Communication, Creation & Consumption

December 30 2020 | words: 994 | time to read: 5 min

When Steve introduced the iPad in 2010, he positioned it as a device that sat logically between the (then still fairly new) iPhone and the Mac. He asked the room, rhetorically, if there was space in peoples’ lives for a third category of device. To a captive audience, he explained Apple’s design philosophy as it related to their hot new tablet computer. He believed that in order for their tablet to be successful, it needed to be “far better [than the iPhone or the Mac] at doing some key tasks”. These tasks, as Steve enumerated them included: browsing the web, watching videos, playing games and reading ebooks.

After the announcement, PCWorld wrote off the iPad as “just a big iPod touch”. Taking the iPad at surface value, they weren’t wrong. The first generation iPad looked a lot like a scaled up iPod Touch, it used a similar processor and even ran the same operating system. What pundits at the time failed to realise was that the iPad was more than just the sum of its parts. Fast forward ten years after that introduction, and the iPad continues to sell well. It made up roughly nine percent of Apple’s revenue in 2020, sitting just shy of the Mac’s. It turns out that “just a big iPod Touch” can do a whole host of new and useful things that the regular, pocket-sized one was not capable of.

At base, computers are just tools and tools should vary in form depending on the job to be done. Often, tools can look and even function similarly. One could say that a drill is “just” a more powerful, electric screwdriver. Why would anyone use a screwdriver when they can use a drill? The answer lies in the fact that there are some tasks for which you’d want a smaller, less powerful, more delicate screwdriver. The same is true for our computing life. It’s valuable to have different devices that fill particular niches, rather than a single device that does it all. Consumers buy iPhones, iPads and Macs because, even though they are all computers, they each afford different types of valuable interactions.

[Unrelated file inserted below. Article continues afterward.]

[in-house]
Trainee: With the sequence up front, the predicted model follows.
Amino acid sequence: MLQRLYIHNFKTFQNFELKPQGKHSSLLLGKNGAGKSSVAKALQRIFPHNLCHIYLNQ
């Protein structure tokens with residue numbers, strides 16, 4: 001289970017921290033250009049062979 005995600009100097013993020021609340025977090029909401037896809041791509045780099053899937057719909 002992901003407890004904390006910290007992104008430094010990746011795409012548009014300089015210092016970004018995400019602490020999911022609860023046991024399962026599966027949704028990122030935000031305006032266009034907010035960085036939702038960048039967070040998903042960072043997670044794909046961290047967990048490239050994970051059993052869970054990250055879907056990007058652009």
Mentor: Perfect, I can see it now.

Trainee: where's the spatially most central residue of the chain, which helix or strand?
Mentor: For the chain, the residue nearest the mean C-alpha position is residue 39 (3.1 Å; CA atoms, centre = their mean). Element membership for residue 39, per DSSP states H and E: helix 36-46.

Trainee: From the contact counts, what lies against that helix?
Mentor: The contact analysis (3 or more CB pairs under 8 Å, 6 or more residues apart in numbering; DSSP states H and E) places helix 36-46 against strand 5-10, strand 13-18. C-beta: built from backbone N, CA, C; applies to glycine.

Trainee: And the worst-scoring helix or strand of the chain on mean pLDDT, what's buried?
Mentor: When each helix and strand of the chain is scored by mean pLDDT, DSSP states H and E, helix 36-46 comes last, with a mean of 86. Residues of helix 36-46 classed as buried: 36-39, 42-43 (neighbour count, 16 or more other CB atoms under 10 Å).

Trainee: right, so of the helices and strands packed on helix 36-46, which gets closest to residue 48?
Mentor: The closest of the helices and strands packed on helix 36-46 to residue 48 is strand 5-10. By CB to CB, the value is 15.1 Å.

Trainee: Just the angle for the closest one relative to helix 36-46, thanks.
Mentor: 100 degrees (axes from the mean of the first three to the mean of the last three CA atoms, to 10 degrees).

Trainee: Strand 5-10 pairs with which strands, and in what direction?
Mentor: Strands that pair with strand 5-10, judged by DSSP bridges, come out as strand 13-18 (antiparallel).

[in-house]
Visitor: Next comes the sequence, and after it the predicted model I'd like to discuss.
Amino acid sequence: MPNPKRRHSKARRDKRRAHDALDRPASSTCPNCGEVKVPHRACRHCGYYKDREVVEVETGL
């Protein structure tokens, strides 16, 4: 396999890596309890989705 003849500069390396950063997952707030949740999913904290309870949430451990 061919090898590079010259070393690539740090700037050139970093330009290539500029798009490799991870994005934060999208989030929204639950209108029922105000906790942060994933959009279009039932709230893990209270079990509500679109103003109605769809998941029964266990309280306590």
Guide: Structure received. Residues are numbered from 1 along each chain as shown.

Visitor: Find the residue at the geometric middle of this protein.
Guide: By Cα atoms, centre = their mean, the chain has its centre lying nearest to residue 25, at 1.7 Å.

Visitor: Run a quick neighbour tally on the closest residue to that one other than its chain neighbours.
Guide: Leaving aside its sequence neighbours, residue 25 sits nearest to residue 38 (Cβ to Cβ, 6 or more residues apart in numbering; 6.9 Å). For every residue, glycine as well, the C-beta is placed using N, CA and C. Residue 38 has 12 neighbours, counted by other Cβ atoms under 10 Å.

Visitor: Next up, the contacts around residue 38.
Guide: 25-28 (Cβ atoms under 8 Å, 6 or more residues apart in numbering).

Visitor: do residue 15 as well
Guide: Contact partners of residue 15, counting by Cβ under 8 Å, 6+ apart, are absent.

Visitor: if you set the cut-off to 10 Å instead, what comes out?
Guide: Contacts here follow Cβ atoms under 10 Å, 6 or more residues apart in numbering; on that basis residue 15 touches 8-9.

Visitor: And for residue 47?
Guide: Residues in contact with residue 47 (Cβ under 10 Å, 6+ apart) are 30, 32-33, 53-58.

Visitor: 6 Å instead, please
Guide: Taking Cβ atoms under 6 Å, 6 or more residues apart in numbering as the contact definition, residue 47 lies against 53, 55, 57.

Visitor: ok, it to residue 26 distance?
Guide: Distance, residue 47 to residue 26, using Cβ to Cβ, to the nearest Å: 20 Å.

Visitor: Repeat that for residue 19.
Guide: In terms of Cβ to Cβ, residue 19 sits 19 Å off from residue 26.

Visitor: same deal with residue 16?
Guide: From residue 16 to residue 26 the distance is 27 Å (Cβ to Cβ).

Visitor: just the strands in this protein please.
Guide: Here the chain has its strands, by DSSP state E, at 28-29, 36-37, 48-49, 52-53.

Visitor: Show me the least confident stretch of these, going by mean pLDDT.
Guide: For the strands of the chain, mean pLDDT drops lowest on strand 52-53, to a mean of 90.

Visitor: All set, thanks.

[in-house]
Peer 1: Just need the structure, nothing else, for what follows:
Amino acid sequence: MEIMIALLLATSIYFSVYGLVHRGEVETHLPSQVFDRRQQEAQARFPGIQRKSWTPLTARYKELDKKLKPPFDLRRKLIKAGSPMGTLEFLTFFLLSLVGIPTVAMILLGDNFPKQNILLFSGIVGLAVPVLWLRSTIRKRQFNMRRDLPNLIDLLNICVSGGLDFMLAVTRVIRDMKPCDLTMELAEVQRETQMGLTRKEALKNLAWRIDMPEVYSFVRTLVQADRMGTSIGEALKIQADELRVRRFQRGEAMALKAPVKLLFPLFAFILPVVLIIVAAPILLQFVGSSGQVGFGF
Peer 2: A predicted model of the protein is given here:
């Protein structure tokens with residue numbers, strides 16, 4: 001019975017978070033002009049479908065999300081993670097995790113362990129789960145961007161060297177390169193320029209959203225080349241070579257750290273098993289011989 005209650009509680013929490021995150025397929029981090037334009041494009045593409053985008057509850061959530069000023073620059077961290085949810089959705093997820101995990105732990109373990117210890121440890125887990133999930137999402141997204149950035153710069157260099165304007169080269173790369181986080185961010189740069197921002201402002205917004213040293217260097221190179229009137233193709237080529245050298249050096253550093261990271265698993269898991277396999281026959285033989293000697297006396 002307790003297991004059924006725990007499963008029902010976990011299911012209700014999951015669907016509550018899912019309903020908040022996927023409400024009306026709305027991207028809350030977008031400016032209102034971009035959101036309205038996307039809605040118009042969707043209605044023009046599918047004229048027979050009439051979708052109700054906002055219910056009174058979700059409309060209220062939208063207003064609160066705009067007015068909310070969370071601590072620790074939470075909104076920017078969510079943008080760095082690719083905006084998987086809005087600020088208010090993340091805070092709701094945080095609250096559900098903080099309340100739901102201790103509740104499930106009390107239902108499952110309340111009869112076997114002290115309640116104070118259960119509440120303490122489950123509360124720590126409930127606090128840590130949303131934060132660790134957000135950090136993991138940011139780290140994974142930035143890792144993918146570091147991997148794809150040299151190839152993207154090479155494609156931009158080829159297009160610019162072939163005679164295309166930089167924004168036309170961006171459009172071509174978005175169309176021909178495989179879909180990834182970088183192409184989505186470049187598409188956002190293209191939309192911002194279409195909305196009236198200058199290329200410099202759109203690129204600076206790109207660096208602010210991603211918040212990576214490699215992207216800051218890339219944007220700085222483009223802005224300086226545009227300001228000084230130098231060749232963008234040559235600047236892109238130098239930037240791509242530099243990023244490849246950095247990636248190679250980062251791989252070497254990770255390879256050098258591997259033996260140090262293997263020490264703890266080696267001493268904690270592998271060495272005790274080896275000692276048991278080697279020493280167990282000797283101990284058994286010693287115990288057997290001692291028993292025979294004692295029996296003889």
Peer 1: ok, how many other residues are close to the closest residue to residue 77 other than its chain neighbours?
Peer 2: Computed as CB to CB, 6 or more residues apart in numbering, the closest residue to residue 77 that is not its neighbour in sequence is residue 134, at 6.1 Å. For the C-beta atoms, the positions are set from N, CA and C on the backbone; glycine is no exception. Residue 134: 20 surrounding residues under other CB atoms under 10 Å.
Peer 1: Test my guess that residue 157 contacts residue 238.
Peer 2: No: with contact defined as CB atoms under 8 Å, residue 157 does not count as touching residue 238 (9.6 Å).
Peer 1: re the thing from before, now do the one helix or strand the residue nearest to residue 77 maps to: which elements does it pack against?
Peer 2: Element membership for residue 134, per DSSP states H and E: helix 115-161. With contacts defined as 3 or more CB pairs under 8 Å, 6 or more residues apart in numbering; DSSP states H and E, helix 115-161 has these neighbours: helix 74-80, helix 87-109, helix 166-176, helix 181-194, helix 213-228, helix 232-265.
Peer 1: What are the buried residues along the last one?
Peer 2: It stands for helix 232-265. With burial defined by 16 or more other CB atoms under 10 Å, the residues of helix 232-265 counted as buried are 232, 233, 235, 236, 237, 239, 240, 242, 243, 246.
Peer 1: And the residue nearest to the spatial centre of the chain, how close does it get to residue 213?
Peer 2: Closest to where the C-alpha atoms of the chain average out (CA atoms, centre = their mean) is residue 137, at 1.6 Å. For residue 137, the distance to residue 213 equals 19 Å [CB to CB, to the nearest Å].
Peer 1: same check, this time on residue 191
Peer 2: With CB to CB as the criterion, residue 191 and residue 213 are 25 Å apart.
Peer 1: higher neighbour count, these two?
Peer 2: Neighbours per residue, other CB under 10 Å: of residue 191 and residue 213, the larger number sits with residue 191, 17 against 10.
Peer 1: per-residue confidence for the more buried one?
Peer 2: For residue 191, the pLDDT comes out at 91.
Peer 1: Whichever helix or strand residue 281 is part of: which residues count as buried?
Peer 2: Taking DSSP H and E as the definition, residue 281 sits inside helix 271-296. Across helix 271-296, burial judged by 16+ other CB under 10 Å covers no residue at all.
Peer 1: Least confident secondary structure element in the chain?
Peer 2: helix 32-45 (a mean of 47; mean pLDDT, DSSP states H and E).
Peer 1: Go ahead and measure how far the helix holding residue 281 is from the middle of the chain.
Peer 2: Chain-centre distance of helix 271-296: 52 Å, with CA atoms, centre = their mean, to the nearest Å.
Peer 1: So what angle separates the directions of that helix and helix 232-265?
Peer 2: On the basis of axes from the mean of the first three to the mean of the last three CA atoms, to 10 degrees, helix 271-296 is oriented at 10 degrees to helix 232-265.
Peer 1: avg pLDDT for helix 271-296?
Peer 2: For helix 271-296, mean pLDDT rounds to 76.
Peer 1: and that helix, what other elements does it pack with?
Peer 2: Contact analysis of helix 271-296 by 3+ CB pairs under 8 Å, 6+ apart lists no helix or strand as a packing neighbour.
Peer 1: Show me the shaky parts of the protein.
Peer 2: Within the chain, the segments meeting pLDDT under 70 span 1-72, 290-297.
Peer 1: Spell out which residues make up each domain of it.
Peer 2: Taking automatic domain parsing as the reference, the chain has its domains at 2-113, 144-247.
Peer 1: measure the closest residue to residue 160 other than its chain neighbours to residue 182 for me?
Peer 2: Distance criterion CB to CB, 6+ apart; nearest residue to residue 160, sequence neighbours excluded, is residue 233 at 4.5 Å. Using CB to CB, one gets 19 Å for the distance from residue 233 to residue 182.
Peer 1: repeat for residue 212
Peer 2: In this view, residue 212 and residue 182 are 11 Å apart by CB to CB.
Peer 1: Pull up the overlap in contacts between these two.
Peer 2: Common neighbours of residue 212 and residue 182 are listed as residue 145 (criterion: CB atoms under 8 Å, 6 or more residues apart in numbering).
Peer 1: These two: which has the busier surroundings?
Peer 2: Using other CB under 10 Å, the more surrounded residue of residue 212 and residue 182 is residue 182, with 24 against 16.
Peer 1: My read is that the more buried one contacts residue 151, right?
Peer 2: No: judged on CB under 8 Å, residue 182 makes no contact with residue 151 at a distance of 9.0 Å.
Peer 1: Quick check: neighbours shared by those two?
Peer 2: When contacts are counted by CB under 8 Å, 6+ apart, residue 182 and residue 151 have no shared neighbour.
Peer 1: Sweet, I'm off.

I love my iPhone. It’s such a useful swiss army knife of a thing. However, there’s a real dark side to having a magic, glowing portal to the vastness of the internet in my pocket. I tend to allow it to consume every spare second of my attention, severely diminishing my ability to just be. I’ve often condsidered ditching my iPhone for a Nokia 3310 but doing so would rob me of the ways that I find my iPhone to be a genuine aid in my daily life. I regularly use it as a GPS in my car, to chat with my friends overseas or even to track a workout in the gym. I could certainly find other ways to achieve these same goals, but the experience of doing them on an iPhone is so damned good that honestly, I don’t want to. I’m caught in this limbo between finding my phone genuinely useful and feeling like it’s totally robbing my of my attention.